All the tax collector says is, “God, have mercy on me, a sinner.”

Okay, you get to pick.  Which one of these guys gets a gold star today?  Is it the upstanding, well-mannered, scripture-quoting, tithing, fasting, praying Pharisee?  Or is it snivelling, dishonest, disgraced, traitorous tax collector?  I’ll give you minute to think it over.

Okay, time is up.  Of course, you know this story so you know that Jesus says of the tax collector, “I tell you this man, rather than the other, went home justified before God.”

Bang!  the Pharisees get hit right between the eyes.  “How could this happen?” I am sure they asked.  “How could a tax collector be justified before God over a devout Pharisee?”

Now, remember, Jesus doesn’t say, “A former tax collector.”  Or, “an ex-tax collector.”  Or even, “a repentant tax collector.”  No, this is a real, honest-to-goodness, tax collector who is still collecting taxes, still cheating people because that’s how he makes his money.  But, and here’s the important point, something is stirring in our tax collector’s heart.

This tax collector knows he’s a sinner.  He knows his life is not pleasing to God, and is not helping his community.  This tax collector has taken the first step toward God.  He hasn’t repented yet, but he has recognized his sin.  He now knows that he is a thief, a liar, a cheat, a betrayer of his own people.  He sees himself for what he is.  He sees himself as others see him.  He sees himself as God sees him.  And he is cut to the heart, stricken by what he sees.  Heartbroken by his own sin.

And so his only prayer is a prayer for mercy.  What else can he say?  “Lord, this is the only job I could find.”  Or, “Lord, somebody has to do it, and there are worse people than me.”?  No, he says, “Have mercy on me, a sinner.”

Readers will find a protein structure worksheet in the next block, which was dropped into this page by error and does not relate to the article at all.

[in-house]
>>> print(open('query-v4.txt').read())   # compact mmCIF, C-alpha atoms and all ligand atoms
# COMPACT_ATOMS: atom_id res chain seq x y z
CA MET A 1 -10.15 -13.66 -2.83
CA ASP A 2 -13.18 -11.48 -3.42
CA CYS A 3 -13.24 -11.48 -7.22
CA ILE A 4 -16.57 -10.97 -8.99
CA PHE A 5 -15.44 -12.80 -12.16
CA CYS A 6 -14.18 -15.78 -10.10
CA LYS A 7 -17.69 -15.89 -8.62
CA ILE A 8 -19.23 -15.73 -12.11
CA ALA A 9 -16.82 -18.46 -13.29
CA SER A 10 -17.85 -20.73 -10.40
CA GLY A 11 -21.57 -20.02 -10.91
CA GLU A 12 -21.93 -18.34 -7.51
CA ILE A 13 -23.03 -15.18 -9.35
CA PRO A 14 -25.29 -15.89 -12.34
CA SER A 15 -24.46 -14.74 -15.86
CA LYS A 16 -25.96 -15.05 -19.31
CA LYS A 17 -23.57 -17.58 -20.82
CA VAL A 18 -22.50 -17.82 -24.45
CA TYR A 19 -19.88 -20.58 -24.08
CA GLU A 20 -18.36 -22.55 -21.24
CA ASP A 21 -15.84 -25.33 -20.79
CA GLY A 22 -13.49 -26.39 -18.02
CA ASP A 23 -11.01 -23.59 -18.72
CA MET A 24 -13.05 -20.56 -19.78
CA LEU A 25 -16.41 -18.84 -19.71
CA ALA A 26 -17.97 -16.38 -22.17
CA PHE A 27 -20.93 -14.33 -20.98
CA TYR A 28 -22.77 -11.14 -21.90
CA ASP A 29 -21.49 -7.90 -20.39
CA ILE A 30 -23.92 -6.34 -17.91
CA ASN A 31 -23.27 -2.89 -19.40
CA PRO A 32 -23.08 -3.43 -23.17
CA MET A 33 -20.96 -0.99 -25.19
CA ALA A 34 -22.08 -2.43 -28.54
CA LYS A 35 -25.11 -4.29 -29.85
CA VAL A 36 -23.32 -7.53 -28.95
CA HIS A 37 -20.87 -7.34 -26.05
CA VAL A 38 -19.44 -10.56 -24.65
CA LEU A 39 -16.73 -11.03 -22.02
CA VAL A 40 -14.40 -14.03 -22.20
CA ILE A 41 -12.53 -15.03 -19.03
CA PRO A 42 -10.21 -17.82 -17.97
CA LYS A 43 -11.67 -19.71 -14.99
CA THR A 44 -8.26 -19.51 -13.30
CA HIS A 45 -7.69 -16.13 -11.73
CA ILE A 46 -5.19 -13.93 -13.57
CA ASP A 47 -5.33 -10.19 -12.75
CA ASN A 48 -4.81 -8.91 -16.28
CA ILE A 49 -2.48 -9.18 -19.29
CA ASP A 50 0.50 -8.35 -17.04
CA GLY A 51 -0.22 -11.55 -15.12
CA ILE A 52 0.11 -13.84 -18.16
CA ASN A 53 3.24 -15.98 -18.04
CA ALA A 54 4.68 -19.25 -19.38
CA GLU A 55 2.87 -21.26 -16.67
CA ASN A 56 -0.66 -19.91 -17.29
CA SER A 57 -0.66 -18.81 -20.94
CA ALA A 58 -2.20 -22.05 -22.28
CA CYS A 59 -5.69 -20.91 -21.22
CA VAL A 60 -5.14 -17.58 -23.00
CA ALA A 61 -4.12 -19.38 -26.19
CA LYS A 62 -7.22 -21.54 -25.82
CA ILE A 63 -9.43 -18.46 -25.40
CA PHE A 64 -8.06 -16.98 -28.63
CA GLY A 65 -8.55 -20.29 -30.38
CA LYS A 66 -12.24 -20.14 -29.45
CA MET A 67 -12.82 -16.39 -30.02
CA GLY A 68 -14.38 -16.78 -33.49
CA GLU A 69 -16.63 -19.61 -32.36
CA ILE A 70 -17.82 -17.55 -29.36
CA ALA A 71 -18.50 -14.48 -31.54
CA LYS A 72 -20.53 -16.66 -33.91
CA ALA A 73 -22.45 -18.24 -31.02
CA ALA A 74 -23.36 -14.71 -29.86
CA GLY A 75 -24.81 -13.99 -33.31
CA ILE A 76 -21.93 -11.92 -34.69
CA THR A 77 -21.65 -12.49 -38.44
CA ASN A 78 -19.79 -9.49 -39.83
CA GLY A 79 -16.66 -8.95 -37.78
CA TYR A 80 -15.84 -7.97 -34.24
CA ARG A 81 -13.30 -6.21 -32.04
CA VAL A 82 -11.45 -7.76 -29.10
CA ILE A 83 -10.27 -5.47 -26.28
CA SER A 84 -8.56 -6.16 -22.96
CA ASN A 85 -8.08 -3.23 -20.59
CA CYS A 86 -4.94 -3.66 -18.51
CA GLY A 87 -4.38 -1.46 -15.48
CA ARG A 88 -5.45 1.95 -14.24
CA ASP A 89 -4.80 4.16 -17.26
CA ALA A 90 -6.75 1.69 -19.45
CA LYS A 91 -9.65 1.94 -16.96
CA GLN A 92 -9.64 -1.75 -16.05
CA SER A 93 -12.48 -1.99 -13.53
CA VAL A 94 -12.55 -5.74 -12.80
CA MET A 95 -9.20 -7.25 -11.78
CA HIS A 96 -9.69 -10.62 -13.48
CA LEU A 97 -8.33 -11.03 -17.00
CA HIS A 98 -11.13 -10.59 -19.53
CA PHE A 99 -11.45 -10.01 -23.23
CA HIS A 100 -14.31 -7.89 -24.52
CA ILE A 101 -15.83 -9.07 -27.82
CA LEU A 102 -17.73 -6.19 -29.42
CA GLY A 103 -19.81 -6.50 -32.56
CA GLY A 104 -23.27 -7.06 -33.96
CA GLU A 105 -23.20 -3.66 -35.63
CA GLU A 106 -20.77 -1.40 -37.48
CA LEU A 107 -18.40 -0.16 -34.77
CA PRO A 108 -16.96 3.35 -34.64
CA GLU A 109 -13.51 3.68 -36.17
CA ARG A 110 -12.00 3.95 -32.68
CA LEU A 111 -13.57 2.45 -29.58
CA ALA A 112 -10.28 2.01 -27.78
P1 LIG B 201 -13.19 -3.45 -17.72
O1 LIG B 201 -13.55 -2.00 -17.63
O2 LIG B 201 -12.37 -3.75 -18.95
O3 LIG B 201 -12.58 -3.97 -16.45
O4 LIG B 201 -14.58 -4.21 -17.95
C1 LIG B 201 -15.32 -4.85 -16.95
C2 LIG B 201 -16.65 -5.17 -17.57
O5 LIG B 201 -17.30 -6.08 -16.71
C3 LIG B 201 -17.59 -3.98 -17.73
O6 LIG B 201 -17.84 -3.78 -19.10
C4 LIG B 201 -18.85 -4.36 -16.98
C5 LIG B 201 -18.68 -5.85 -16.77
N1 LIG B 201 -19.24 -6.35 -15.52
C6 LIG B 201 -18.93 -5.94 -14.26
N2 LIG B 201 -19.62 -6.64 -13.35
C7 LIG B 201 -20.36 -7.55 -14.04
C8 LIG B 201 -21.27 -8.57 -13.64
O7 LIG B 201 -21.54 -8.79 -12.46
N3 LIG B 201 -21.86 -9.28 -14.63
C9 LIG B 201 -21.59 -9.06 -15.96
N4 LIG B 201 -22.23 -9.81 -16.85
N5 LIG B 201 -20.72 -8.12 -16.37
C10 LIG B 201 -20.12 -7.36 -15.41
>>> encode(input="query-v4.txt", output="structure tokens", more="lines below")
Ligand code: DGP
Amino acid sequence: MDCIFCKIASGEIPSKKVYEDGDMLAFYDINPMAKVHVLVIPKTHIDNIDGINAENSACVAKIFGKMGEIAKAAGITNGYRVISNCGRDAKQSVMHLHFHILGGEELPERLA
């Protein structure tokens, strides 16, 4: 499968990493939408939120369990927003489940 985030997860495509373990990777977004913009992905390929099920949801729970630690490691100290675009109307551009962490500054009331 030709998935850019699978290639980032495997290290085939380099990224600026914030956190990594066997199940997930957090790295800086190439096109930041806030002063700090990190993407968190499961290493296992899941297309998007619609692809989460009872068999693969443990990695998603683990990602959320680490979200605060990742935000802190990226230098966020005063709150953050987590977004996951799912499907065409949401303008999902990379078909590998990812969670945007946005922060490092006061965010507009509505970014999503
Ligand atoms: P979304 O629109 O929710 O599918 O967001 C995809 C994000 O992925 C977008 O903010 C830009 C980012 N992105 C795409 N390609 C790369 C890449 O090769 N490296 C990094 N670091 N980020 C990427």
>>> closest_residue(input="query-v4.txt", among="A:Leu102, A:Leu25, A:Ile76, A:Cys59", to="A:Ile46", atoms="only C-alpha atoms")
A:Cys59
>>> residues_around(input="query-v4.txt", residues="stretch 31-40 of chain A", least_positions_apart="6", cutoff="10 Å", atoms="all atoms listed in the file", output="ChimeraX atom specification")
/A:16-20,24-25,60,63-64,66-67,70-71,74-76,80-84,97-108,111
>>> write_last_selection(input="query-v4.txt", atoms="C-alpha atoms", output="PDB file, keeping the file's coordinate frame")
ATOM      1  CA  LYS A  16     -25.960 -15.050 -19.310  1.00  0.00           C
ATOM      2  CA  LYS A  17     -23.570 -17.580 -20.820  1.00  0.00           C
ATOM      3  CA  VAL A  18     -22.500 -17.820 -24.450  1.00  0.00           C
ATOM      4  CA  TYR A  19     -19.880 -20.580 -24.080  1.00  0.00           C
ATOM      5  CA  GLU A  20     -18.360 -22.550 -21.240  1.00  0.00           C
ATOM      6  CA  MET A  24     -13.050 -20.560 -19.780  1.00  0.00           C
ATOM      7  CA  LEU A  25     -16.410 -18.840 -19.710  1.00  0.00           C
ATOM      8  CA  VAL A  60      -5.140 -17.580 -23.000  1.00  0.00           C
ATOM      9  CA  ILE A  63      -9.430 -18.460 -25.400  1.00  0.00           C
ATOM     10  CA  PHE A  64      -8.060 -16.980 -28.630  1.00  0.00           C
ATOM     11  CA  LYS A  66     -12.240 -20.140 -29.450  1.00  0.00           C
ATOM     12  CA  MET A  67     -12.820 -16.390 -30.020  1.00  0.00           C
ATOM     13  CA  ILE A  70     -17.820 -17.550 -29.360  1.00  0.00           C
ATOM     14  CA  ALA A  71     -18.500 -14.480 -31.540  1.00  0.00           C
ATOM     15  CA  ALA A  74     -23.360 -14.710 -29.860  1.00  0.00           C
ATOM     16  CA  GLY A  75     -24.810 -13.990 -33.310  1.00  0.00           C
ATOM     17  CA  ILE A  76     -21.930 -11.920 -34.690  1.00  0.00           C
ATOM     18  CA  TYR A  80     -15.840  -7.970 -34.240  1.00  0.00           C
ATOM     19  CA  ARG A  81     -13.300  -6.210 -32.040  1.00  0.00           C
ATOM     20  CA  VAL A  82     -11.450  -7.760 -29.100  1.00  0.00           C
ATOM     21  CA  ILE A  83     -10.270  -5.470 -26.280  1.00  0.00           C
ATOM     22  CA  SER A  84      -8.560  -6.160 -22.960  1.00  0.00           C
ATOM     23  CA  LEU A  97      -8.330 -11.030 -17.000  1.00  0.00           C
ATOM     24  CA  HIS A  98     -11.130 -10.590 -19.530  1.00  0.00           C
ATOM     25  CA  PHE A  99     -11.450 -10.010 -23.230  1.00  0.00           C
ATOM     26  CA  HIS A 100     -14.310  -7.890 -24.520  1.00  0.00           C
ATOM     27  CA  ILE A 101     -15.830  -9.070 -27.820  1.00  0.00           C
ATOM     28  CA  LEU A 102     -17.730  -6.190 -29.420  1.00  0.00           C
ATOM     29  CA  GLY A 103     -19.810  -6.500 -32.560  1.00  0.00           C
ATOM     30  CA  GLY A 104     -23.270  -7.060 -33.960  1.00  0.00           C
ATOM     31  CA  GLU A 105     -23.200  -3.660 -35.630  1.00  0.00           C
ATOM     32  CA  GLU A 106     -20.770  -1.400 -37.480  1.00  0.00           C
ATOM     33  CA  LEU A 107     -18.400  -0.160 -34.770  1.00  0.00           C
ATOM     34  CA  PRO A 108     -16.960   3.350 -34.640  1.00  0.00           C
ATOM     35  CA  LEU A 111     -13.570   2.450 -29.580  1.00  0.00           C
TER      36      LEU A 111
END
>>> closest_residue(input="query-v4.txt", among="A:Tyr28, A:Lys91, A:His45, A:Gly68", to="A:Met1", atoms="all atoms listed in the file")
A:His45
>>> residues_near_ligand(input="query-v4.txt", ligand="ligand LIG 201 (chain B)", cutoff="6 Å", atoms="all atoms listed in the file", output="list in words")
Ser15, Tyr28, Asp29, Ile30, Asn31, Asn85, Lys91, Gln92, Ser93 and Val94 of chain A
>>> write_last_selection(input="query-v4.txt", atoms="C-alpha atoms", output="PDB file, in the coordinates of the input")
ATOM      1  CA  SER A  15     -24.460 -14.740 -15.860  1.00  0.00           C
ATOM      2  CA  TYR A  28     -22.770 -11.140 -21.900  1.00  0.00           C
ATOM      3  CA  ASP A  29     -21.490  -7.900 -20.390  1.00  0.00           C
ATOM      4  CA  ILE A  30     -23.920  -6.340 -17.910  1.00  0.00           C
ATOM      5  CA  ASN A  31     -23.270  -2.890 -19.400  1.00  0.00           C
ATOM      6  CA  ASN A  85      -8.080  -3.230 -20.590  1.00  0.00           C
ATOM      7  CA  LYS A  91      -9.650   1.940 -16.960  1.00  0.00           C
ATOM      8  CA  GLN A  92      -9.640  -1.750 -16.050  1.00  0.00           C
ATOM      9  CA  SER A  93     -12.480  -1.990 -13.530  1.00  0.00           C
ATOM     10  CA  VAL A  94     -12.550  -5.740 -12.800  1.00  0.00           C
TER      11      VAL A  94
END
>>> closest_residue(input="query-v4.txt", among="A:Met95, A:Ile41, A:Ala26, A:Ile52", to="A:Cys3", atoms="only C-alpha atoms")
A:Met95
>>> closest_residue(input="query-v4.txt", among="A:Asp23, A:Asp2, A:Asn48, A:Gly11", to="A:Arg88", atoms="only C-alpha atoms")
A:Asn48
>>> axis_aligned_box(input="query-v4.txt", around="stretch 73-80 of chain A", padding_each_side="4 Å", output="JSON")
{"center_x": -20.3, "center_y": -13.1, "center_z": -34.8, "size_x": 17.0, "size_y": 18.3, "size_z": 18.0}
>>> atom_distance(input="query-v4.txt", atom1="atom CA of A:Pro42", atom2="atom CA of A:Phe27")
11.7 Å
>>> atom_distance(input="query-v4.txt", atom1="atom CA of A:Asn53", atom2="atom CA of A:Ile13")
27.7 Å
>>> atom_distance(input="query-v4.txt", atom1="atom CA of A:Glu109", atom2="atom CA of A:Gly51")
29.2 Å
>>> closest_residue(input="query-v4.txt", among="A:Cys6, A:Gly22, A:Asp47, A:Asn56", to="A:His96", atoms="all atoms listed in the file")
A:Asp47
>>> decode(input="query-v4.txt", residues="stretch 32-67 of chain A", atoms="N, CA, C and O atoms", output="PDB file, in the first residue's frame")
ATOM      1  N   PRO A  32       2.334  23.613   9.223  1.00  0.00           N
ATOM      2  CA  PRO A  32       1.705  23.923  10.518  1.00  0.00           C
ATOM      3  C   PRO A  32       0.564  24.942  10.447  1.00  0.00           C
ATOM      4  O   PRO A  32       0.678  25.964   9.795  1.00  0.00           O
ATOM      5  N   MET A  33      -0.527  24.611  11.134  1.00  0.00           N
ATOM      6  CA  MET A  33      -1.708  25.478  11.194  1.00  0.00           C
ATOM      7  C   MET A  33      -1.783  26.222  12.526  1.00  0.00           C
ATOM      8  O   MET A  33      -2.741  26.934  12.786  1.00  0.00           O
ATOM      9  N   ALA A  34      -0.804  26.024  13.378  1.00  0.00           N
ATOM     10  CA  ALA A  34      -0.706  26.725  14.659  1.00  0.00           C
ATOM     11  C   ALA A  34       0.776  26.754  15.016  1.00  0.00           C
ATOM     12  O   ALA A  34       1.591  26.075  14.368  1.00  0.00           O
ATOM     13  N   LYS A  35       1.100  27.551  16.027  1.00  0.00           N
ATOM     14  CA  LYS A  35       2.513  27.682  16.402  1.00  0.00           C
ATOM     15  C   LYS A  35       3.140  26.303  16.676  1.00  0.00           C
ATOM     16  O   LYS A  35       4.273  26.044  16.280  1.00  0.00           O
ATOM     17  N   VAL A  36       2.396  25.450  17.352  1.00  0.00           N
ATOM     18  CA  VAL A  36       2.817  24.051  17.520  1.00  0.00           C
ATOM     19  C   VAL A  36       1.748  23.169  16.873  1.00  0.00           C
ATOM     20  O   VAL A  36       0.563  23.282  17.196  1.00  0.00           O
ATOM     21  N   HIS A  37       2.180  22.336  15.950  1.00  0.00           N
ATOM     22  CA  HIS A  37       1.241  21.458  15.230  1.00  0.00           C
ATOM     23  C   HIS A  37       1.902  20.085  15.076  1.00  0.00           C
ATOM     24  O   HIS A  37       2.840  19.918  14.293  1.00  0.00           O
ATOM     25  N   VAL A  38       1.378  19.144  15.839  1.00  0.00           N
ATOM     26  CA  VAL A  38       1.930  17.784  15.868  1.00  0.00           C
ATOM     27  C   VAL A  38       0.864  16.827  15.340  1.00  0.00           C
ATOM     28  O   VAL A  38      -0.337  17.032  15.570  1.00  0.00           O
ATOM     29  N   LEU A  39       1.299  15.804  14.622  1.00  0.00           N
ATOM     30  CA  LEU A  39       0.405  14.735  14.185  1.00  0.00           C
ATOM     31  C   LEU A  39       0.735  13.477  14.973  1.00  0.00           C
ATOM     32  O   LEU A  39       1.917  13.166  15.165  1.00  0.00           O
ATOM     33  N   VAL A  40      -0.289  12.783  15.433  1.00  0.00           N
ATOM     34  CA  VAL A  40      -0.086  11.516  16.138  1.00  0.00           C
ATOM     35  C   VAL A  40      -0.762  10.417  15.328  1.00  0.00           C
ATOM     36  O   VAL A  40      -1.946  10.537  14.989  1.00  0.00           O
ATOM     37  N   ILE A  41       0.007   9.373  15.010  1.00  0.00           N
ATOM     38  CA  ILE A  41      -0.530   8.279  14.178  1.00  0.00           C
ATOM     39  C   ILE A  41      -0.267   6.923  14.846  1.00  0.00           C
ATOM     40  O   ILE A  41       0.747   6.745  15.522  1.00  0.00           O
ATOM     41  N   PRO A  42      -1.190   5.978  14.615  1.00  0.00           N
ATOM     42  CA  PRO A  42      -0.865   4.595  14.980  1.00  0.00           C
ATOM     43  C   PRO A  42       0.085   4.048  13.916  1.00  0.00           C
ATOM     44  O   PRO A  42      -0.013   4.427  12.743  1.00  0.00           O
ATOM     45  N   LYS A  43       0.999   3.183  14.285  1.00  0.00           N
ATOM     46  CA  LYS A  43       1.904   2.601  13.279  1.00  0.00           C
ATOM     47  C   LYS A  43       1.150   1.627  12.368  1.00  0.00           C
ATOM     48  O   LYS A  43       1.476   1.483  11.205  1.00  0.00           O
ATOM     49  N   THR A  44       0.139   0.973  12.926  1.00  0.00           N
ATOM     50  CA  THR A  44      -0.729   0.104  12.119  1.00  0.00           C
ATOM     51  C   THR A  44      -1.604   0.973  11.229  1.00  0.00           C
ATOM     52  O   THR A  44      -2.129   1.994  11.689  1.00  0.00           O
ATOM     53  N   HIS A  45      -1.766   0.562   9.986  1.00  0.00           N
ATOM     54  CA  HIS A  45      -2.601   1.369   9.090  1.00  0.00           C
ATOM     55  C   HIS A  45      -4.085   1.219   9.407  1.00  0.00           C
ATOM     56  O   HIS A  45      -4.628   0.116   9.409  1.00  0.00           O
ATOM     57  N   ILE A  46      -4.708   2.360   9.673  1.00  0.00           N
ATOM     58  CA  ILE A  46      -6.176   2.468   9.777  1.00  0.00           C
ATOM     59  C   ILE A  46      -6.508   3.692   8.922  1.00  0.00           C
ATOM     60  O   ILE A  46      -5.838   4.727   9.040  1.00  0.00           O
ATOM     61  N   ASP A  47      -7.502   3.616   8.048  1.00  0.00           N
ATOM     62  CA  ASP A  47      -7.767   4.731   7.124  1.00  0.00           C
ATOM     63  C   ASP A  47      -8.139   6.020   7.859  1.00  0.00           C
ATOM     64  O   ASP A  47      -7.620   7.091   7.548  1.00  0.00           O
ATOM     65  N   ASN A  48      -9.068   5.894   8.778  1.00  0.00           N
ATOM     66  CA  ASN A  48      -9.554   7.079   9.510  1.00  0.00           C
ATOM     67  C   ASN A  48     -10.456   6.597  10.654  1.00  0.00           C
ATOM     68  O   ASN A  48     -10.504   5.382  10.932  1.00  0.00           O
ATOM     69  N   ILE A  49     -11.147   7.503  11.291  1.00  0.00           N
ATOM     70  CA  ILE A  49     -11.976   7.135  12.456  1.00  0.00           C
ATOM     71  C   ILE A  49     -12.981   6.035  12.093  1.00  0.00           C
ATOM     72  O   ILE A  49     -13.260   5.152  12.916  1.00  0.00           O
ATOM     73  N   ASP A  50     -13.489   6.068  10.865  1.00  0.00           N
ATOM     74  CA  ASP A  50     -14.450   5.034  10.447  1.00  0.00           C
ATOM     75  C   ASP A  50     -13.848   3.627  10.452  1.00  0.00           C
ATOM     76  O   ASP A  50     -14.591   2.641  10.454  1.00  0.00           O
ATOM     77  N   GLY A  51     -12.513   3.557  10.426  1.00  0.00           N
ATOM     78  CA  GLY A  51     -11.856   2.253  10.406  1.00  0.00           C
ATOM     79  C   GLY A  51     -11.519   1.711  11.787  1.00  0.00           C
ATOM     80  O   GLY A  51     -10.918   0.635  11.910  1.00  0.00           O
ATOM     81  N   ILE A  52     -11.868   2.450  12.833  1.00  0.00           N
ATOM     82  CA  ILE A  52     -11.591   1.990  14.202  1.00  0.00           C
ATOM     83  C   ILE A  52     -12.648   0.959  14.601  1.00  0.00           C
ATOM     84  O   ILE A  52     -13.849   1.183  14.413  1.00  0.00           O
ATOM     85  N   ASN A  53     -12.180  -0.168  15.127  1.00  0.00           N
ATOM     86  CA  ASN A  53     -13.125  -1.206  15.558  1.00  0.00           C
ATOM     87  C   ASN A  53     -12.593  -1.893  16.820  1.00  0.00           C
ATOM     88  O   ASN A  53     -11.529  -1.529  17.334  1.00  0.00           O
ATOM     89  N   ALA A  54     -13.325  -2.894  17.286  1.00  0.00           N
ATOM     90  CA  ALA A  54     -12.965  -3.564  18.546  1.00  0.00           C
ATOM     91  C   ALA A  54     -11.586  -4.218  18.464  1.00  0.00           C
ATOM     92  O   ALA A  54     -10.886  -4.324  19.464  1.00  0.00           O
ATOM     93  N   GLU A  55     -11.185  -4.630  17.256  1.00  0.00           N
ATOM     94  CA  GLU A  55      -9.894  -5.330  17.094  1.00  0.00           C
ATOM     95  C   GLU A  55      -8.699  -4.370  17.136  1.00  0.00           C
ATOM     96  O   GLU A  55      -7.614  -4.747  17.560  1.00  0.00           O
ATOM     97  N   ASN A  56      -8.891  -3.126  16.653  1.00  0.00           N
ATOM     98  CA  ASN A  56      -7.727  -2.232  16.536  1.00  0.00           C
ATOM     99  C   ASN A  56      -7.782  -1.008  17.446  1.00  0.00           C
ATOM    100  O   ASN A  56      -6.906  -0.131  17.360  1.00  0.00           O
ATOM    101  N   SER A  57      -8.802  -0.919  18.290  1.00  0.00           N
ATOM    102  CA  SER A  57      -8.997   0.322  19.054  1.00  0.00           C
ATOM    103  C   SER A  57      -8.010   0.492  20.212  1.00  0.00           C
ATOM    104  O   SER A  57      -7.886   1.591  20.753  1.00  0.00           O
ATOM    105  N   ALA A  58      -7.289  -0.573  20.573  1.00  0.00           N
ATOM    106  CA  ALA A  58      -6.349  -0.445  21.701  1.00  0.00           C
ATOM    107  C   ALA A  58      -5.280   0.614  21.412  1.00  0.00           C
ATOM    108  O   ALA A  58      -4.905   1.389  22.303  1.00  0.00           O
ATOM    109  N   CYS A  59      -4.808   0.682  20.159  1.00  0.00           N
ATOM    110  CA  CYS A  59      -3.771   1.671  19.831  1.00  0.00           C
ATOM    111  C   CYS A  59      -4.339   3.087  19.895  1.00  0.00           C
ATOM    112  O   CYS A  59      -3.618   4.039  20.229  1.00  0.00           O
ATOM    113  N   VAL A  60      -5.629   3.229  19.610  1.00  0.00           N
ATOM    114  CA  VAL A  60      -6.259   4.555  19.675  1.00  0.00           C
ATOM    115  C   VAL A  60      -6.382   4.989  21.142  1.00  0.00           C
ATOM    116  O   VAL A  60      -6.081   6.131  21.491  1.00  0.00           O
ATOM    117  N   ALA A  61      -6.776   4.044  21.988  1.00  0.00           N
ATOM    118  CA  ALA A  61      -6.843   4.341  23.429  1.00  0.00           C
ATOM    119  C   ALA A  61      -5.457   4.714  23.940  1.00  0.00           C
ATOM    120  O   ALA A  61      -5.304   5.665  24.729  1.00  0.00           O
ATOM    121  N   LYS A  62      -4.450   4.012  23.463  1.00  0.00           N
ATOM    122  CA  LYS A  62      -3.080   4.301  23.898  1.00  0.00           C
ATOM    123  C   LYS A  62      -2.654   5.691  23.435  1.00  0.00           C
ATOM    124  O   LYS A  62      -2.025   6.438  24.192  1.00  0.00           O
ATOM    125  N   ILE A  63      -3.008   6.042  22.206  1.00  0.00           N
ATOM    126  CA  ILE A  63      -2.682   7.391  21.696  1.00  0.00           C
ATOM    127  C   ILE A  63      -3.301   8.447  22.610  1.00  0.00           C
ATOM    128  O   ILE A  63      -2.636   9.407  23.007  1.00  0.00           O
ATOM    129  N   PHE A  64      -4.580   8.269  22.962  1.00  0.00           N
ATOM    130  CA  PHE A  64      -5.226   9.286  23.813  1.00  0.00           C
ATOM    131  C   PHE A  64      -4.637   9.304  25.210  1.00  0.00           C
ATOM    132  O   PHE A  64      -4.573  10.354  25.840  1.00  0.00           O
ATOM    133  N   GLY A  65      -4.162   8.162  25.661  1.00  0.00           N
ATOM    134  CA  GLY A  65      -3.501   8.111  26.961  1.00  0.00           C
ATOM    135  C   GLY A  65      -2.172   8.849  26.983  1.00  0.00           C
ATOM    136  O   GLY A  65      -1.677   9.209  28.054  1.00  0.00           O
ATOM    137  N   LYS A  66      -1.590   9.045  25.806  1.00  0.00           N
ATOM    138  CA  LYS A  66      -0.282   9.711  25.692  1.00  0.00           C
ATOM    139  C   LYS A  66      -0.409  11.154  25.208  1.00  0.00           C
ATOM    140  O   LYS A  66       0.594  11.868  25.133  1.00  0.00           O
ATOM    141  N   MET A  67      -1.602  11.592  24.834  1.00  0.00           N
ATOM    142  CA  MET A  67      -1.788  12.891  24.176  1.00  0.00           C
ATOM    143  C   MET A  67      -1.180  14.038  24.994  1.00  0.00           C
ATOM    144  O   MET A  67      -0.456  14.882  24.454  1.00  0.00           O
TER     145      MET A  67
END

Sin as a word and an idea has really fallen out of favor in our society.  About the only place we talk about sin is in church, so we get the impression that sin isn’t a real problem in society anymore.  Several years ago, the psychiatrist, Karl Menninger wrote a popular book titled, “Whatever Became of Sin?”  Well, sin isn’t fashionable anymore.  But it’s still around.  And the tax collector knew he had committed sins, and that made him a sinner.

But back to our friend the Pharisee.  What’s wrong with the Pharisee?  Luke sums it up for us:  they were confident in their own righteousness and looked down on everybody else.

Why is that such a problem.  The Pharisee was a better man than the tax collector by all outward appearances.  He tithed, the tax collector did not.  He fasted, the tax collector probably feasted.  He kept all the holy days at the Temple, but this was probably the first time the tax collector had been in the Temple in a long time.  The Pharisee was by anybody’s account the better man.